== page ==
Today, just half of TANF funding goes to basic assistance, work supports, or childcare. The rest goes elsewhere, including completely unrelated policy items. For example, a number of states have directed the money toward college scholarships for middle-class families.

That has eroded TANF’s ability to hand out checks to poor people, what people typically think welfare is. The number of people enrolled has dropped by nearly two-thirds, fueled in part by the incentive for states to help fewer people and keep the savings for themselves. Any actual cash benefits people can get are now worth less than they were in 1996. They leave a poor family below the poverty line.

On top of all of this, just as TANF allows states to take unused funding and direct it elsewhere, the Senate bill appears to let states do the exact same thing to Medicaid, the health care program for low-income and disabled Americans. If they opt to get Medicaid funding through a block grant, the bill would allow them to take any excess funding that they don’t need to deliver care and put it toward “roads, bridges, stadiums, or any other item or service.”

It’s not hard to see, then, what states would likely do with the powers the Senate wants to grant them. They could simply request to use federal health care dollars for other programs or projects that are more pressing. They could attempt to whittle down their Medicaid programs and use the leftover money for other purposes. But that will mean hollowing out care for their residents.

There are other lessons that could be learned from welfare reform that have clearly gone unheeded by congressional Republicans. Both the House and Senate bills propose putting a cap on federal Medicaid spending. But after TANF was block-granted, and Congress simply started handing states a fixed pot of money, the value of that money has fallen 36 percent. It’s another factor that prods states to simply serve fewer people and give them less help.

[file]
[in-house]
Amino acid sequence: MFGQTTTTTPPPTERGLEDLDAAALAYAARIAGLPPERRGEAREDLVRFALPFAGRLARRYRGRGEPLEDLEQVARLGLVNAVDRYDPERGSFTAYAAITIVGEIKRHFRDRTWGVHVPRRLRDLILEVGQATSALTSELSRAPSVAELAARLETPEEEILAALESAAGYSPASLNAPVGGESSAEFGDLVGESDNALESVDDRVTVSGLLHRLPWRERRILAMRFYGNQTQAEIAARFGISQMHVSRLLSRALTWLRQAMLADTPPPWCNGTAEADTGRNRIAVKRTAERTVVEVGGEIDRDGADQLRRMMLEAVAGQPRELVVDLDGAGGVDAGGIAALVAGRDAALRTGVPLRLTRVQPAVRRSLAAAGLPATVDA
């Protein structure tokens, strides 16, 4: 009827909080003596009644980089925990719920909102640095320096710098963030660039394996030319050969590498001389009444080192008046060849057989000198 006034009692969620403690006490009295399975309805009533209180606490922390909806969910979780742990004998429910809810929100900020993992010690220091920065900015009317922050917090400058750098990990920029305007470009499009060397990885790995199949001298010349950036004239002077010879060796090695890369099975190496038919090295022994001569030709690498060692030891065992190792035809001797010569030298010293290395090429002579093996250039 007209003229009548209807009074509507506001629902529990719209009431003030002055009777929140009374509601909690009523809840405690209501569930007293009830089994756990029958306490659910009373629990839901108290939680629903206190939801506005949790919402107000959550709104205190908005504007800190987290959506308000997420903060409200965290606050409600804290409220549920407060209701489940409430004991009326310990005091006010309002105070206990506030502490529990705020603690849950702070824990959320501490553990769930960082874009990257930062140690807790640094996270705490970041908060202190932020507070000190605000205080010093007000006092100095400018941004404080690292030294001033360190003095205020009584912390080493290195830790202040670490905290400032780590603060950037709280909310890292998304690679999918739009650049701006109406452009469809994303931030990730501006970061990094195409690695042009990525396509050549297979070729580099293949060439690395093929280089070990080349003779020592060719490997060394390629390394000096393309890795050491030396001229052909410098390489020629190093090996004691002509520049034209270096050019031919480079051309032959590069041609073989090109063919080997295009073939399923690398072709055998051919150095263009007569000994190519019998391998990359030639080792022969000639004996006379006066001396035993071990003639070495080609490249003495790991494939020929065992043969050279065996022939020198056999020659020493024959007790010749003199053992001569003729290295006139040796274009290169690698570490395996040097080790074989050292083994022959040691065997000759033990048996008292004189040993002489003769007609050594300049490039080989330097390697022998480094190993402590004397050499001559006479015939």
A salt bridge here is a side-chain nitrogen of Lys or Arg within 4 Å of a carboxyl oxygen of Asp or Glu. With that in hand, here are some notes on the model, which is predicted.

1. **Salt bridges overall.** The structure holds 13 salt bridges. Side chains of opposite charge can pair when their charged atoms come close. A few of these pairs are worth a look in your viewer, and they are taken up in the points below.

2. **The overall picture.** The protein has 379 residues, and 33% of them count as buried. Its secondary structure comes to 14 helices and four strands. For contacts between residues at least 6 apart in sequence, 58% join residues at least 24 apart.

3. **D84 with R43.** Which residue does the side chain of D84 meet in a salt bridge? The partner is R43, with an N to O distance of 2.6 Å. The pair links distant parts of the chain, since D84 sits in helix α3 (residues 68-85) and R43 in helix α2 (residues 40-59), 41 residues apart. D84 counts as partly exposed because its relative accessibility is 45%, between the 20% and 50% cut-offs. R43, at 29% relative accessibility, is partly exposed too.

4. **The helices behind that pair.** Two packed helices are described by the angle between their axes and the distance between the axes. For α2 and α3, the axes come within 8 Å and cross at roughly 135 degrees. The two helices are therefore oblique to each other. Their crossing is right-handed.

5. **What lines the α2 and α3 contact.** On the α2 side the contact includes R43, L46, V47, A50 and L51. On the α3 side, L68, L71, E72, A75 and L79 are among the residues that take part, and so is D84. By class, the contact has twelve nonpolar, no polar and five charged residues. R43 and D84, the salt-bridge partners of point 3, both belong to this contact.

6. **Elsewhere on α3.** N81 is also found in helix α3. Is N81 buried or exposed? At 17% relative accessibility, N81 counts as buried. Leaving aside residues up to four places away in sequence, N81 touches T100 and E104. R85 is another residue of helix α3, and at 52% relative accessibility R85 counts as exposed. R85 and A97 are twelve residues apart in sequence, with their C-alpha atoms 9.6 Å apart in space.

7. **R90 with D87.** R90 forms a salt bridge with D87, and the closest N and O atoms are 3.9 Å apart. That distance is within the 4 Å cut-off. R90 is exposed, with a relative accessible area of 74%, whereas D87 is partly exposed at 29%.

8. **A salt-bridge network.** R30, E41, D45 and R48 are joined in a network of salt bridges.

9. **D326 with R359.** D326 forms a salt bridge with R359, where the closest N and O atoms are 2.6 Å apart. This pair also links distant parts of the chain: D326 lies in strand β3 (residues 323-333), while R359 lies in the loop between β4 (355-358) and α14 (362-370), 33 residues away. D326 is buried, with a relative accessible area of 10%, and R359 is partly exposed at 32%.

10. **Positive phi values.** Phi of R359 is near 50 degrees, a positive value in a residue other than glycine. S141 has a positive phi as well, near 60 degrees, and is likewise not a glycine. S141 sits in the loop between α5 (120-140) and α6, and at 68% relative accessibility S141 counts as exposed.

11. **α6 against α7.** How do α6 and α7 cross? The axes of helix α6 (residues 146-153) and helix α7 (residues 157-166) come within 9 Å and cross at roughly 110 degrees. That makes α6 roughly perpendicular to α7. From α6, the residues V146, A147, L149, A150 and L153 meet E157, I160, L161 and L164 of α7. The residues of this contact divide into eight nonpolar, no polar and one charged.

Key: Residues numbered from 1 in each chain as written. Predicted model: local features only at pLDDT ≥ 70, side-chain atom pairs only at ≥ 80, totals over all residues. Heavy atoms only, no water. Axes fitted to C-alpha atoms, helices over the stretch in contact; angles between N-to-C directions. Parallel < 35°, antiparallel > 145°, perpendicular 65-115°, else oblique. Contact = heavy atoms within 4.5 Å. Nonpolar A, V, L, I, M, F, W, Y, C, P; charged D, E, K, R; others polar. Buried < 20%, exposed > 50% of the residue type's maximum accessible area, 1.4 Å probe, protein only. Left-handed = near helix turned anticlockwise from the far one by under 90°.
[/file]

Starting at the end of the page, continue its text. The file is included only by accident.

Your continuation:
Both bills also allow states to impose work requirements on Medicaid. This was a huge feature of welfare reform: Democrats and Republicans alike were obsessed with the so-called welfare queen, a woman who supposedly refused to get a job and had more children to collect bigger benefits, living off the government dole. Despite this figure being a fiction, the legislation included a strict requirement that recipients either have a job or actively be seeking one.

While some people left the program and got a job, particularly during the economy’s boom in the late 1990s, the work requirements have been far more likely to increase hardship. In Maryland, most people who were kicked off for failure to meet them had either no job or very little work a year later. The same pattern held true in a number of other states: The people who were pushed off the rolls were less likely to have work than those who weren’t sanctioned. Instead, a rising number of people are simply going without any work or cash assistance at all.

Adding a work requirement to Medicaid would almost certainly do the same thing. Most recipients already either work or live with someone who does. But many of them work in low-wage jobs that either don’t offer health insurance or don’t offer coverage that the recipients themselves could afford. Those who don’t work, meanwhile, usually have good reason: a disability, an illness, or the need to care for a family member with one. Sanctioning these people for a failure to work will only hurt, not help, them.

The dismal CBO report has now led some Republican senators to balk. Perhaps they might slow down and think about all of the ramifications of the legislation they’ve whipped up virtually overnight.